Complaints halt plans for Dutch Holocaust monument
Amsterdam leaders will reconsider location as residents plead 'not in my garden.'
Plans for a Holocaust monument in Amsterdam designed by architect Daniel Libeskind have been put on hold after angry neighbors told the city it is too large for the park where it was to have been built.
Edwin Oppedijk, a spokesman for the city's central district, said Wednesday that after hearing the complaints, politicians will reconsider whether to place the monument in the Wertheim Park or find an alternative location.
At a public information evening on Tuesday, neighbors shouted that the plan was "ridiculous" and on Wednesday opposition banners were hung at the proposed site. One sign read "trees, not buses" — implying the memorial would reduce green space and bring unwanted tourists to the Wertheim Park in the central Amsterdam area where many Jews once lived.
Libeskind's design, somewhat reminiscent of the Vietnam Veterans Memorial in Washington, D.C., includes walls displaying the names of 102,000 victims.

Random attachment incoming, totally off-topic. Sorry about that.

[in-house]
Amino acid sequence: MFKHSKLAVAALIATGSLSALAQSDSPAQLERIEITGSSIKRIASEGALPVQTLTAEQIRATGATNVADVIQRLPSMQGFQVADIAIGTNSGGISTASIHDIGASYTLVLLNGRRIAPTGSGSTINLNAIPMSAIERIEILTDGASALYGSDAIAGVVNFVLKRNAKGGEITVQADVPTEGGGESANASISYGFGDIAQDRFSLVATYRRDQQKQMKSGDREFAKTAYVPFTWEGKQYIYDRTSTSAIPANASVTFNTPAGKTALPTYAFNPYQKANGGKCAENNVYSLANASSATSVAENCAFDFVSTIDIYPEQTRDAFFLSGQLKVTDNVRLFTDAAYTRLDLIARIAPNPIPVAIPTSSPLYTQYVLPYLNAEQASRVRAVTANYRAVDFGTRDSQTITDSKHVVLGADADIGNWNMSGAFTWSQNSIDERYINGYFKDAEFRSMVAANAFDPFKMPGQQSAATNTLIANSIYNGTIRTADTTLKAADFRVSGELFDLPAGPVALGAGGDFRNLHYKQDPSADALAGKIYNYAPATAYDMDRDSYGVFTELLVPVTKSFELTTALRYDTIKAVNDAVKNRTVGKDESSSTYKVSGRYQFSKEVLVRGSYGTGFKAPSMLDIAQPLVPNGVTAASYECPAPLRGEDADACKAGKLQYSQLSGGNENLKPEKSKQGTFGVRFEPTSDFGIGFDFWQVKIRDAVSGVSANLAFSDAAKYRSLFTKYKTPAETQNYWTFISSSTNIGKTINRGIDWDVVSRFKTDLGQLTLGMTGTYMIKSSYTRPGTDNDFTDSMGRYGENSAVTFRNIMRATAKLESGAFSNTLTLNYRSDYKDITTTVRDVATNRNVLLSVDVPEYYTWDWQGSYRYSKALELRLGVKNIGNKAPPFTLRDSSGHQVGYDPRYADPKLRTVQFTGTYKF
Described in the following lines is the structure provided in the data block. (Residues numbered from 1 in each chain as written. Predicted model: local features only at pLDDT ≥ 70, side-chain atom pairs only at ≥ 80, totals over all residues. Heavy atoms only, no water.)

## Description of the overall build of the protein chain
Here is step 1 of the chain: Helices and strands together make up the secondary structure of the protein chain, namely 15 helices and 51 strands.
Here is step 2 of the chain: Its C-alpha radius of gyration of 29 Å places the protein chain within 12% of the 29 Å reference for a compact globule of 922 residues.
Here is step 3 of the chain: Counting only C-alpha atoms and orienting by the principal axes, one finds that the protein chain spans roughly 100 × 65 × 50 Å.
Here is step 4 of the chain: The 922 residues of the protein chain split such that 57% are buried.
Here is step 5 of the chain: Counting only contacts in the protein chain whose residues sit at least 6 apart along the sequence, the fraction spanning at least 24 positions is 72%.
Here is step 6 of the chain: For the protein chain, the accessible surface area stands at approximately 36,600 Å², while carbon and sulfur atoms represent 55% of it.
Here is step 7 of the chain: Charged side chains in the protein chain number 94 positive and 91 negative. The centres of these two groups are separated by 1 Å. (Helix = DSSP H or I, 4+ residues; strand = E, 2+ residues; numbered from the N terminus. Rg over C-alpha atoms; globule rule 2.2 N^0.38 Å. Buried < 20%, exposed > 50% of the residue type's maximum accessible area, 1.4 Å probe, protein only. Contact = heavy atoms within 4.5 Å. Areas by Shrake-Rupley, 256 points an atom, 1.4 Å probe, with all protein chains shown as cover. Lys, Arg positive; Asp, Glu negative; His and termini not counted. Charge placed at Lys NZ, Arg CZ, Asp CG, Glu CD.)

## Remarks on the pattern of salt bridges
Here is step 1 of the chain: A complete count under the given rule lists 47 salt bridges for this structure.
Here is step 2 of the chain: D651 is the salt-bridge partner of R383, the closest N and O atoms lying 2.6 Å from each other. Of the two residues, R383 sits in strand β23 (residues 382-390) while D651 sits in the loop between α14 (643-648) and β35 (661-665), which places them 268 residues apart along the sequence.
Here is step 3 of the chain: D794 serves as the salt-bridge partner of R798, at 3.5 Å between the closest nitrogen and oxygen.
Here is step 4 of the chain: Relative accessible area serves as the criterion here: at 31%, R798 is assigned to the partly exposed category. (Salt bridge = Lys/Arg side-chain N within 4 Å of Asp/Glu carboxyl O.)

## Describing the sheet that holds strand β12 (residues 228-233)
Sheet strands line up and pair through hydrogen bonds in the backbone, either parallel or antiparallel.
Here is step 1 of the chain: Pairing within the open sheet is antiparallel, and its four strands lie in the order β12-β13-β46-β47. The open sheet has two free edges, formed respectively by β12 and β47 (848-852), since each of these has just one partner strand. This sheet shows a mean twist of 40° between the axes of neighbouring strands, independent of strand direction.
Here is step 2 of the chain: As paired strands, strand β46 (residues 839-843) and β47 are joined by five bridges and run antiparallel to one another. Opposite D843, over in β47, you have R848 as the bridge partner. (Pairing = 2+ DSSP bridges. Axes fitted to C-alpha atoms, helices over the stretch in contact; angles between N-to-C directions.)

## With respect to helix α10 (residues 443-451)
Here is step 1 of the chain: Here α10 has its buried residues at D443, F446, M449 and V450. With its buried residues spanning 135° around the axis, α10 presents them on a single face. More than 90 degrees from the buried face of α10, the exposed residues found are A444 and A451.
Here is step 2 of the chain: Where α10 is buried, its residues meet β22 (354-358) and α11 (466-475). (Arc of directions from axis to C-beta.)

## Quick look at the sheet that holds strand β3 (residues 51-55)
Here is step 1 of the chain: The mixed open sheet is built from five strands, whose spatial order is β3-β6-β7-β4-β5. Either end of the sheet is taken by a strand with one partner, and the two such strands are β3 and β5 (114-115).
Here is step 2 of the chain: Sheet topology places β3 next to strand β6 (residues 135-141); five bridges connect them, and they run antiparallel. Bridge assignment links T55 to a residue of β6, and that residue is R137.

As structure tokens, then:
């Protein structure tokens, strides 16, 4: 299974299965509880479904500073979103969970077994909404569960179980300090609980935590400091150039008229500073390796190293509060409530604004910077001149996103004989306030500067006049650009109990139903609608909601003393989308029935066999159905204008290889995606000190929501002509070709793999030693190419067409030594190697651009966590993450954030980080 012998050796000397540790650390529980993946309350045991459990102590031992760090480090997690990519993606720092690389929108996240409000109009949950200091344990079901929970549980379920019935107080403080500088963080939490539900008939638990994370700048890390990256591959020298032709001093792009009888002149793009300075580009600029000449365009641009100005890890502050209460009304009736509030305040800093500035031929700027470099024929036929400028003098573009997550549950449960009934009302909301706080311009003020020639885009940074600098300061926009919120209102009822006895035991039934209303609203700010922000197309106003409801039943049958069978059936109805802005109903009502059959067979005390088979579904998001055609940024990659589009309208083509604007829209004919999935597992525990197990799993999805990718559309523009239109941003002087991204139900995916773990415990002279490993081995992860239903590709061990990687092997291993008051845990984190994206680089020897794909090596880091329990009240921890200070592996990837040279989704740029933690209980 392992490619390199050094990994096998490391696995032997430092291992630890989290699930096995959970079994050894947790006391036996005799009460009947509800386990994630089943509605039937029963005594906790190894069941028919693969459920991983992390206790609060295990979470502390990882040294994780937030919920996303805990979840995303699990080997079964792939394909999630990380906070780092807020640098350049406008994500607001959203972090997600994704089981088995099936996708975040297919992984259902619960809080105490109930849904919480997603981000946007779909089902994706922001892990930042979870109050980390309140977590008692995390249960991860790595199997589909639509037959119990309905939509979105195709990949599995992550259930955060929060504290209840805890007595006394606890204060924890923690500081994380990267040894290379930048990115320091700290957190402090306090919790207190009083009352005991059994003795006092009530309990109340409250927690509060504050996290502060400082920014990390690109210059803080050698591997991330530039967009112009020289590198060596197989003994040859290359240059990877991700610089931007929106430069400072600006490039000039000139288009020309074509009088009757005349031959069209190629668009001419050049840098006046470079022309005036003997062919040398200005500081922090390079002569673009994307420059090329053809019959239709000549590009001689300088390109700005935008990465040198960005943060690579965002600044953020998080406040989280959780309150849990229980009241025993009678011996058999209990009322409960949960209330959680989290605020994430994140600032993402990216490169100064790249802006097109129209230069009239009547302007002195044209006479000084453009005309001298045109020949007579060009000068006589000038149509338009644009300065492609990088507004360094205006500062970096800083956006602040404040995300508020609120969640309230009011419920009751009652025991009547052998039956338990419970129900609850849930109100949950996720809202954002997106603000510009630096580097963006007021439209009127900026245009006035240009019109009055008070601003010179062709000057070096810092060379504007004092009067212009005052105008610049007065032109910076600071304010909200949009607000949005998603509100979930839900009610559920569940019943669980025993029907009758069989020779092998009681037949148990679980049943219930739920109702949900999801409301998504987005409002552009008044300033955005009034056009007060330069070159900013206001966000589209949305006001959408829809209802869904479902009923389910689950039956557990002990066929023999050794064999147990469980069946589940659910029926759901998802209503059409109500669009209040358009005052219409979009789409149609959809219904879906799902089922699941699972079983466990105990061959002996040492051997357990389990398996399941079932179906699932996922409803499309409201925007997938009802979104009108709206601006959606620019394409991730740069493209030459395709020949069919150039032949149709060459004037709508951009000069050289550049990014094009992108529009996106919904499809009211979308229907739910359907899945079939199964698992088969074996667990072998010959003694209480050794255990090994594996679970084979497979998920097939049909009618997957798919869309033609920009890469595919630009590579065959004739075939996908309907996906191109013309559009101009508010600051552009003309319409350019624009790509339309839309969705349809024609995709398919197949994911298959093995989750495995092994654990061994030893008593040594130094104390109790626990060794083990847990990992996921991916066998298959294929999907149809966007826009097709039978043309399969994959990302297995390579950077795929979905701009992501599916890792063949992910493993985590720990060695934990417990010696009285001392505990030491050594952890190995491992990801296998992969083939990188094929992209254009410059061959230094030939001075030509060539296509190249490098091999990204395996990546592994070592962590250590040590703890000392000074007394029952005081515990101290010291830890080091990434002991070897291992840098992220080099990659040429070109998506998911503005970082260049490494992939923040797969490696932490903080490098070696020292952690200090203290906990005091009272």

During World War II, the occupied Netherlands deported most of its Jewish population to die in Nazi concentration camps. Although the country has a monument to all war dead, and the Wertheim Park itself has a small monument to victims of Auschwitz, there is no grave or other public monument bearing the names of Holocaust victims, including Roma or Jews such as Anne Frank, who died in Bergen-Belsen.
"Nobody is against having a Holocaust monument, but they all say 'not in my garden,'" said Jacques Grishaver, chairman of the country's Auschwitz Committee, which originally launched the project in 2007.
"I hope the city says: 'we're standing by the plan.'"
Reuben Vis, a Jewish leader, said he opposes the monument because he thinks it is too big, too expensive and poorly designed.
"The last thing you want to do is put a Holocaust monument in a place where people are opposed to having it," he said.
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